With the new year upon us, SearchEnterpriseWAN.com asked three industry analysts to predict what changes network engineers might see in the world of wide area networks in 2011. First we spoke to Ted Chamberlin, research director at Gartner Inc., about 2011 carrier services trends. He said that budget pressure will inspire WAN managers to look for affordable alternatives to multiprotocol label switching (MPLS) networks.
MPLS networks are so last decade… well, sort of: MPLS prices won't fall much more than they have, so what you pay now is about as good as it's going to get, Chamberlin said. With most enterprise network budgets seeing only modest increases this year, WAN pros with 100 to 1,000 sites to manage will view MPLS networks as a luxury they cannot afford at every branch office, he said.
To make their budgets work, many networking pros will swap out MPLS links for encrypted broadband WAN connections -- what Chamberlin calls "the poor man's MPLS" -- using technologies such as Secure Sockets Layer virtual private networks (SSL VPNs). But expect deployments only at sites where they make sense, such as those with a small handful of users who don't require site-to-site voice over IP (VoIP) or video conferencing.
"We're starting to see a little bit of backlash away from MPLS, which as we know is supposed to do everything -- it could do taxes and slice bread," Chamberlin said. "Even as prices for MPLS [networks] have declined, it's flattening out, and there are some enterprises [that] are finally saying, 'You know what? There are certain remote sites … [where] the premium of MPLS over broadband is not worth it."
Performance to become a managed service: Does your carrier guarantee uptime and mean time to repair (MTTR) and nothing else? Yawn. WAN managers waited this year for carriers to offer some kind of managed WAN or application performance service but to no avail. A few established service providers and startups, such as Aryaka, experimented with managed WAN performance services last year, but most carriers stuck with managing expensive premise-based equipment.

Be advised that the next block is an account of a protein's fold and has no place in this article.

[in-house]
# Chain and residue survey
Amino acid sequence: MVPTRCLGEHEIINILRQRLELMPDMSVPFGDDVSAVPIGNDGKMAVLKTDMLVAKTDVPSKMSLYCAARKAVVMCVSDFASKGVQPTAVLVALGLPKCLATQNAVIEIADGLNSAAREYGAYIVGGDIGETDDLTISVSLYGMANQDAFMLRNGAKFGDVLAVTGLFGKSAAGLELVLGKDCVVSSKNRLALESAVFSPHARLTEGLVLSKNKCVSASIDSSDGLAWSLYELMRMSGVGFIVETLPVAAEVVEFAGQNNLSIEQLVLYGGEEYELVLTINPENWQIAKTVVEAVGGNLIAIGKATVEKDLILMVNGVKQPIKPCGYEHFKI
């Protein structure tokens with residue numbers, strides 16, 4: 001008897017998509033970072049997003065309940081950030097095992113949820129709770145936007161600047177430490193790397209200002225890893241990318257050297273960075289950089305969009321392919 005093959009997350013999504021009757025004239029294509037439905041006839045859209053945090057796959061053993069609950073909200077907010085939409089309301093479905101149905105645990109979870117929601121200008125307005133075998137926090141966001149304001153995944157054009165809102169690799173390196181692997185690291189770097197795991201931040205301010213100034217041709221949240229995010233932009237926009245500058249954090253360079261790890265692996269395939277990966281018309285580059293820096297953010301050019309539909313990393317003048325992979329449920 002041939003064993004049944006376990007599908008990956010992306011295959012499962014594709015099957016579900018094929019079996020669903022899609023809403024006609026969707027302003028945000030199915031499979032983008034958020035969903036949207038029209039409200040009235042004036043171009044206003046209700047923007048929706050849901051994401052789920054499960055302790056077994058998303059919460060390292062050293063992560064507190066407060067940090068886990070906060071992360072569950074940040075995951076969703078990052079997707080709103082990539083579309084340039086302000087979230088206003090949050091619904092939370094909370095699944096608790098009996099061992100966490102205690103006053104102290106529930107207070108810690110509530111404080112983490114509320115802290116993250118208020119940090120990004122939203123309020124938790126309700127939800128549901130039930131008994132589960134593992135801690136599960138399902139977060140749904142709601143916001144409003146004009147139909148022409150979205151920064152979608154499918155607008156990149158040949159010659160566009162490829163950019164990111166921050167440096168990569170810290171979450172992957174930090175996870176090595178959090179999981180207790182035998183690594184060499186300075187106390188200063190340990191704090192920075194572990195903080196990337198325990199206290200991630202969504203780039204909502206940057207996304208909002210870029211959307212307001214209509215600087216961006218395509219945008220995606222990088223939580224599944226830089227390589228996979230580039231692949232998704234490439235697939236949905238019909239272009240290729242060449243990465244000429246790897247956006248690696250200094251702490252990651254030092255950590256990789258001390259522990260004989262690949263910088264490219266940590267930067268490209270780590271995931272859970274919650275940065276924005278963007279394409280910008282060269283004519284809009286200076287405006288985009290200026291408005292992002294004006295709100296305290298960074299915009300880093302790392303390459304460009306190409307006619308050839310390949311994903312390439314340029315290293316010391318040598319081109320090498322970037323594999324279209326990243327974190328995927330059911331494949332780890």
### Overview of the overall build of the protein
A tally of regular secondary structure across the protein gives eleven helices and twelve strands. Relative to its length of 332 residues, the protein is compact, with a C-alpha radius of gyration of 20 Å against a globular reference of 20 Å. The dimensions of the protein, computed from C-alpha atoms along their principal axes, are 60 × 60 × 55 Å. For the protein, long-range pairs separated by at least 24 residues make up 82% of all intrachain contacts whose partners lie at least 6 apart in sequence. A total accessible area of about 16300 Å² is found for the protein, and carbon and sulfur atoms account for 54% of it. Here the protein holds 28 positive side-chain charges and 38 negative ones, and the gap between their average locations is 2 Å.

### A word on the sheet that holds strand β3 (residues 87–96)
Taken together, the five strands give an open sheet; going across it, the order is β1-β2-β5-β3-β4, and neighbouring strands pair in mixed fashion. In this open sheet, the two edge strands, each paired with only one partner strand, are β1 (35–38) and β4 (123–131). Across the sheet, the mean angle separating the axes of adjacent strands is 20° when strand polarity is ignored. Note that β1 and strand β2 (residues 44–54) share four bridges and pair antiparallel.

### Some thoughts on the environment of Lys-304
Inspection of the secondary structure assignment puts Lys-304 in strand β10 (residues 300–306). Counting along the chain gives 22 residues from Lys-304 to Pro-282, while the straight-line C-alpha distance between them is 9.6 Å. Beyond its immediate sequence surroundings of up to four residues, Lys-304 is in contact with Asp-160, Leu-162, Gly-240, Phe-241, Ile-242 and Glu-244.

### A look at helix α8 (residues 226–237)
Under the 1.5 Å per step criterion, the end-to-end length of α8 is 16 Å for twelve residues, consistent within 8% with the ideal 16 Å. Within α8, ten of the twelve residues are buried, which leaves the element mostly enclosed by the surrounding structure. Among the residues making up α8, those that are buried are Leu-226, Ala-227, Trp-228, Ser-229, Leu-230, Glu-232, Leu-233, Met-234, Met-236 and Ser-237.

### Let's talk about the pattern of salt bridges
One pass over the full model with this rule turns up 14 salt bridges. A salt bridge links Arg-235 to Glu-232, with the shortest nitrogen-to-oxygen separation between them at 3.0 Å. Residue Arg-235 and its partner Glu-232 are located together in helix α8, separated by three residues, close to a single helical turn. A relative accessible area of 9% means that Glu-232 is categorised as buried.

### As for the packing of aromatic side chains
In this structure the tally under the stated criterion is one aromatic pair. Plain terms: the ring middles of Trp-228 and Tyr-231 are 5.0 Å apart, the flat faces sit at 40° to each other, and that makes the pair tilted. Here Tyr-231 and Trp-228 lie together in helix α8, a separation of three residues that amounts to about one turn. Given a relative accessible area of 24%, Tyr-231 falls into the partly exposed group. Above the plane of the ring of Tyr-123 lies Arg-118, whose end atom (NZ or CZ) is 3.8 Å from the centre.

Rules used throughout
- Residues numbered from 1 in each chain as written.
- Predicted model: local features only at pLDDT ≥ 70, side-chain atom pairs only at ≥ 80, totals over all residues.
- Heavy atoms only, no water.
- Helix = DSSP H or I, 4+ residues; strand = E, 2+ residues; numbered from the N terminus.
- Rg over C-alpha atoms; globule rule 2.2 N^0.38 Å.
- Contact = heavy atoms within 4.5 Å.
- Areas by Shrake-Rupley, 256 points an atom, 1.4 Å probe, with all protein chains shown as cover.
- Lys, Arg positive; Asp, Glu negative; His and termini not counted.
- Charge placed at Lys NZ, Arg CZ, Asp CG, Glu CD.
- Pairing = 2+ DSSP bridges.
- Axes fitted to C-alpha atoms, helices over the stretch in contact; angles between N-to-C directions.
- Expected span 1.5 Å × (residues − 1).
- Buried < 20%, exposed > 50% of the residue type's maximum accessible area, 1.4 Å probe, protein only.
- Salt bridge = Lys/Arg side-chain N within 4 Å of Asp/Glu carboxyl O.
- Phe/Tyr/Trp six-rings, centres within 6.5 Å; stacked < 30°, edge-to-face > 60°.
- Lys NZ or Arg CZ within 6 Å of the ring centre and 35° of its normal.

As more service providers deploy WAN optimization tools in their own environments, WAN pros will likely see something akin to WAN optimization-as-a-Service in 2011, Chamberlin said. The capital investment for deploying WAN optimization -- $3,000 to $4,000 for branch appliances and $10,000 to $20,000 for data center controllers -- put it out of reach for many IT organizations over the past two years, he said.
"[Enterprises] clamor for [WAN performance] as a managed service, but the carriers do a really poor job at making it available," Chamberlin said. "Carriers are going to get a lot more intuitive about [how to] better offer and understand WAN performance services."
The implications of Net neutrality on the WAN: The FCC, Google and other content providers continue to butt heads with service providers on Net neutrality, otherwise known as the idea that all packets are created equal. Carriers such as Verizon and AT&T want to make some packets more equal than others. Ordinarily this wouldn't faze WAN managers; however, network engineers are increasingly relying on the public Internet for remote access and Web-based applications, Chamberlin said.
"If your VPN cannot overcome a carrier's traffic shaping, it will potentially hamstring remote workers," he said. "And for companies who want to embrace social media, it'll be another impediment."
Although the latest FCC ruling on Net neutrality bars wireline Internet service providers (ISPs) from accelerating or throttling traffic to specific websites, service providers are expected to reignite the soap opera with appeals this year. The FCC was less stringent on wireless ISPs and allowed for some discriminatory traffic management, which will likely affect enterprises using wireless WANs.
⇒ Continue reading WAN outlook 2011: Virtual WAN optimization matures, consolidates.
Let us know what you think about the story; email: Jessica Scarpati, News Writer.
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